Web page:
Some Zen writings I have read talk about being in the work in the moment (hence my first post on this thread):

              "Before I achieved enlightenment, I carried wood and I carried water. After I achieved Enlightenment I carried wood and I carried water.”

              But can we take on hard work and yet remain detached from our interest in the reward?

              Is it possible in such an overwhelmingly commercialised and driven world?

              I think it was the Dali Lama who said that he remains in his place of meditation all through a busy day.

              But it is possible to plan a busy day without an interest in the rewards of our efforts?

              Help!

              Dave

              Comment


              • #8
                Detachment

                Busydave wrote:
                But can we take on hard work and yet remain detached from our interest in the reward?
                Yes. The key is to observe the distinction between non-attached engagement and mere apathy or aimlessness. When non-attached, you still have an aim and an intention to act, but you do not harbor any addictive demands regarding the results of your action. Results are received as simple feedback which you use to guide further action and/or refine your original intention.

                You do not engage in fear-driven obsessing. You do not get frustrated or angry when results don't match expectations.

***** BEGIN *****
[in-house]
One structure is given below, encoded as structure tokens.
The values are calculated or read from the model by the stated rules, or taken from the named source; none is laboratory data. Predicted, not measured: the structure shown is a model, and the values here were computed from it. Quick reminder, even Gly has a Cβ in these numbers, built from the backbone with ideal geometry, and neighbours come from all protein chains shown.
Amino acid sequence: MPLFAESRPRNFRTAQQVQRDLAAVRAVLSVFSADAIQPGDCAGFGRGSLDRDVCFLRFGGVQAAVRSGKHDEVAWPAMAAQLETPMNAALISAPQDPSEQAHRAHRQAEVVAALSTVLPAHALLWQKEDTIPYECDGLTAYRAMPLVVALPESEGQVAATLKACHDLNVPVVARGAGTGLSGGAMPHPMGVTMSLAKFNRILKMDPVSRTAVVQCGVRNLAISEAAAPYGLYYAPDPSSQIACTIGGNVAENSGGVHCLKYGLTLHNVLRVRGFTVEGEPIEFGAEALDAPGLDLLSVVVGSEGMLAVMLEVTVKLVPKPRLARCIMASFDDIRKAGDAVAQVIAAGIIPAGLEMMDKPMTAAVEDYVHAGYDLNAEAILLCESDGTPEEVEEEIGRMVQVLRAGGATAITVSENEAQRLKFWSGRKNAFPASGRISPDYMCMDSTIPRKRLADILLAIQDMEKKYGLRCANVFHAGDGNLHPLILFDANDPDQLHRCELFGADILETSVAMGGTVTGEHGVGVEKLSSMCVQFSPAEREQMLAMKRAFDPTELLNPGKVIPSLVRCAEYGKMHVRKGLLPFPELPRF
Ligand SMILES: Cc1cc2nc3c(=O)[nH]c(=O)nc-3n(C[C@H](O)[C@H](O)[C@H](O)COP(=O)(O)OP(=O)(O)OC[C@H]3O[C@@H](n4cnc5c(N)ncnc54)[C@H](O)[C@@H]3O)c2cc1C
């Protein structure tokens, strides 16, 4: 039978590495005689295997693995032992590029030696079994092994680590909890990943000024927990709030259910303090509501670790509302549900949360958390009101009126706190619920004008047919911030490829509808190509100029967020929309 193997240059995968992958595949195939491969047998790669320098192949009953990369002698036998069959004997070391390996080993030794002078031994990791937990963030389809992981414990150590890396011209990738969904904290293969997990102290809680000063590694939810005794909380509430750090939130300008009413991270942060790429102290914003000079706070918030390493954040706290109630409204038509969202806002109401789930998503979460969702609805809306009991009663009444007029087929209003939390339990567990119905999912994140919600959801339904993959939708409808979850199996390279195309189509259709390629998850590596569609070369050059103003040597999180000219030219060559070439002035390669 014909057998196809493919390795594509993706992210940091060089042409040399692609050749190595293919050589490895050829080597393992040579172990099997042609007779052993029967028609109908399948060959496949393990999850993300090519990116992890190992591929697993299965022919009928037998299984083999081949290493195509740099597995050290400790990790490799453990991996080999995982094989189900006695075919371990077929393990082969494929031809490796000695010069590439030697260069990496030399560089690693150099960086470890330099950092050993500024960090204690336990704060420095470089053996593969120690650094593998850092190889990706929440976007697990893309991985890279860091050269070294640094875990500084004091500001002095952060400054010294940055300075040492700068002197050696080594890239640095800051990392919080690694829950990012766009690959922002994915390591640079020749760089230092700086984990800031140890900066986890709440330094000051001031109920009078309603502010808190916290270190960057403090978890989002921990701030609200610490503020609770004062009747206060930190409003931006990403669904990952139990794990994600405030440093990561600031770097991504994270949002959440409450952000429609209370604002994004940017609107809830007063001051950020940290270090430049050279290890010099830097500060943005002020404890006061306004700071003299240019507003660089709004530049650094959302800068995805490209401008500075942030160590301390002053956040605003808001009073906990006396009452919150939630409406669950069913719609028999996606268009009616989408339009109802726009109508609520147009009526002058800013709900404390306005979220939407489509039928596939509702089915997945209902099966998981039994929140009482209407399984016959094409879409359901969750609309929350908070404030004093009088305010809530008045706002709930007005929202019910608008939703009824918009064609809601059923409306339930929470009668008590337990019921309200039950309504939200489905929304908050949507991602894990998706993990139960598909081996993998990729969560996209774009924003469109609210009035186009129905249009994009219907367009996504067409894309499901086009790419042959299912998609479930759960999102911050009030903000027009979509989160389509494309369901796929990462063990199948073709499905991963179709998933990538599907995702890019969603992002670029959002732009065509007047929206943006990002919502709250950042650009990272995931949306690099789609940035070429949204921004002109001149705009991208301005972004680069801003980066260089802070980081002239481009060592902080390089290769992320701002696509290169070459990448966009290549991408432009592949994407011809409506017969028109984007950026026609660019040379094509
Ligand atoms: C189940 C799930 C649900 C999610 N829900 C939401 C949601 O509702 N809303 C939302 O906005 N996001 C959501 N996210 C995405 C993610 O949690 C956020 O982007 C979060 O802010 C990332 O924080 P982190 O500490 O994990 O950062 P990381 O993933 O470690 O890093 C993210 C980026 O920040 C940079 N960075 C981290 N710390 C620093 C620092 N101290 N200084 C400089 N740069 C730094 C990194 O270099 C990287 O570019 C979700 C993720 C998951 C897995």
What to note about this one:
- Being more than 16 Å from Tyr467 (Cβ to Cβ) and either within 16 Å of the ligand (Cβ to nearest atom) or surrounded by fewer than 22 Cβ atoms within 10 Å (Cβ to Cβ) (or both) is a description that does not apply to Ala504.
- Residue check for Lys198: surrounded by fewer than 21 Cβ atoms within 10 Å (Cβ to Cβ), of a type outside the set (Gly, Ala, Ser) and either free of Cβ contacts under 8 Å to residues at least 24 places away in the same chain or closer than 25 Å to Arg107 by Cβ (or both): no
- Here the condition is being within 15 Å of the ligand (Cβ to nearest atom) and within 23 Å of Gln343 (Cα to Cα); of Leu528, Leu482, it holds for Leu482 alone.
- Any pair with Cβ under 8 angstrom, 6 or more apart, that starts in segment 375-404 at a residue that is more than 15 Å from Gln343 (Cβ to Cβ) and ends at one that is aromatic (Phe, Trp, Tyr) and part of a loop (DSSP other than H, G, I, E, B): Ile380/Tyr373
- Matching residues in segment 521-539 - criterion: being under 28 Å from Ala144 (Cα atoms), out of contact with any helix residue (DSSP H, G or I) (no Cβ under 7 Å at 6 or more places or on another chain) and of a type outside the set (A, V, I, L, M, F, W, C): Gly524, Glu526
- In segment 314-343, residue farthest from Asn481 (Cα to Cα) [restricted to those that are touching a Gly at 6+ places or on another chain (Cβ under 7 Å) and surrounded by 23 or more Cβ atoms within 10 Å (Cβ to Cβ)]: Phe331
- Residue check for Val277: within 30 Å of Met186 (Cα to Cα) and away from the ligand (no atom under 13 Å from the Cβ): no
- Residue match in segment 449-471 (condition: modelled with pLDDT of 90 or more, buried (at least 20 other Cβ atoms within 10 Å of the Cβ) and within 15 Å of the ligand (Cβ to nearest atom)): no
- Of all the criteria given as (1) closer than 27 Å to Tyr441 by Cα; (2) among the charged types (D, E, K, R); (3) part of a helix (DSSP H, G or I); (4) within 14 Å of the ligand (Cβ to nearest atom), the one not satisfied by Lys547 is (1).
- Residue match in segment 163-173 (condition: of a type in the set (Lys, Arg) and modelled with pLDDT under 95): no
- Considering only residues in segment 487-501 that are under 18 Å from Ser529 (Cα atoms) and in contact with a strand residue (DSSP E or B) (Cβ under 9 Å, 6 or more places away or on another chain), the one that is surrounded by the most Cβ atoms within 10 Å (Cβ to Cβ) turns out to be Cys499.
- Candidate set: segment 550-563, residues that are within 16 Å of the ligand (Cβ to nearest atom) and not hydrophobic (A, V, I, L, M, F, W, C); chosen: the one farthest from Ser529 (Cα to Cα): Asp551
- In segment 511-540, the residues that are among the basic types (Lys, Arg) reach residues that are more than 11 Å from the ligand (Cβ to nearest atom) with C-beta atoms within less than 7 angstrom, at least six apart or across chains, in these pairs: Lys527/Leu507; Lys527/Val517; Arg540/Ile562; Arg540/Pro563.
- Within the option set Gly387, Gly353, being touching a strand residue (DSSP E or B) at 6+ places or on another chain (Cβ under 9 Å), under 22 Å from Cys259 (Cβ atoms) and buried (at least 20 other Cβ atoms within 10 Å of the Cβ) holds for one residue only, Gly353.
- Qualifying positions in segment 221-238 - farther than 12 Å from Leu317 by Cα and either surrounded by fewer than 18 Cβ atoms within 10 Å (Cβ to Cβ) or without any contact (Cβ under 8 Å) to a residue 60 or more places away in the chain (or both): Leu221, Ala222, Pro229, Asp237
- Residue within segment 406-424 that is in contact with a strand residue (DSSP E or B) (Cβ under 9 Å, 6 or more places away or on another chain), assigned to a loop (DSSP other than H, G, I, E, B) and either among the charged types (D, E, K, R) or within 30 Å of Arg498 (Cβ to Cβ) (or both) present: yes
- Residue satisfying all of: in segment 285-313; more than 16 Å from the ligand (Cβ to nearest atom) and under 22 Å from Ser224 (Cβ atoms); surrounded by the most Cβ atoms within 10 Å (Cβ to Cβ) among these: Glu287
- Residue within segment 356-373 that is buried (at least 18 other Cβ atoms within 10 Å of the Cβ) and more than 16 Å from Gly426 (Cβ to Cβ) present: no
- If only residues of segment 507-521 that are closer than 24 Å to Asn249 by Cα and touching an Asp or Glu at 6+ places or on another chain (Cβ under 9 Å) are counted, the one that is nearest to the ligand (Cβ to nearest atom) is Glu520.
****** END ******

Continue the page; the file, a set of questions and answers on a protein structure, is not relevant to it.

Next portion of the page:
You just do the job, and you keep doing it until your aim is satisfied, or you realize that it's as close as you're likely to get it and decide to stop.

                Accomplishing this in a commercial setting requires effort, because you must dismiss much of what you are told. Businesses reflexively seek to "motivate" employees by appealing to greed or attempting to create an atmosphere of threat. And although they love self-motivated people in theory, they simply don't know how to deal with them.

                Comment


                • #9
                  Can anyone recommend a good book on Zen @ work that's not too abstract or wierd. I didn't mean those perjoritively, but if you've got a certain mindset (like mine), that's the way Zen (postmodernism, feminist thought, etc.) seems.
                  Thanks!

                  Comment


                  • #10
                    Scott,

                    Absolutely brilliant reply, thank you very much for untangling the problem for me. !!

                    The detachment I need is detachment from the huge emotional loading that is thrown at work - both by people who want us to do well, and those who don’t want us to do well. The actual DOING of the work is always easy when you get down to it.

                    Your post caused me to remember a time about ten years ago, when the economy here in Ireland was in a slump and down-sizing was the norm. I managed to achieve a calm way of doing things in the office – I got things one, and I went home.

                    But this brought out a primal reaction in my boss. He reacted badly to the fact that I did not seem to be scared of losing my job. I actually doubt if he was clearly aware of this, but nevertheless, he was motivated to restore the atmosphere of threat to which was accustomed. As soon as I was really genuinely nervous again, he backed off.

                    I believe this did me long term damage, which goes a long way to explain why I find GTD and Zen so attractive.

                    Thanks again Scott for analysing my predicament so well.

                    Dave

                    Comment


                    • #11
                      Furashgf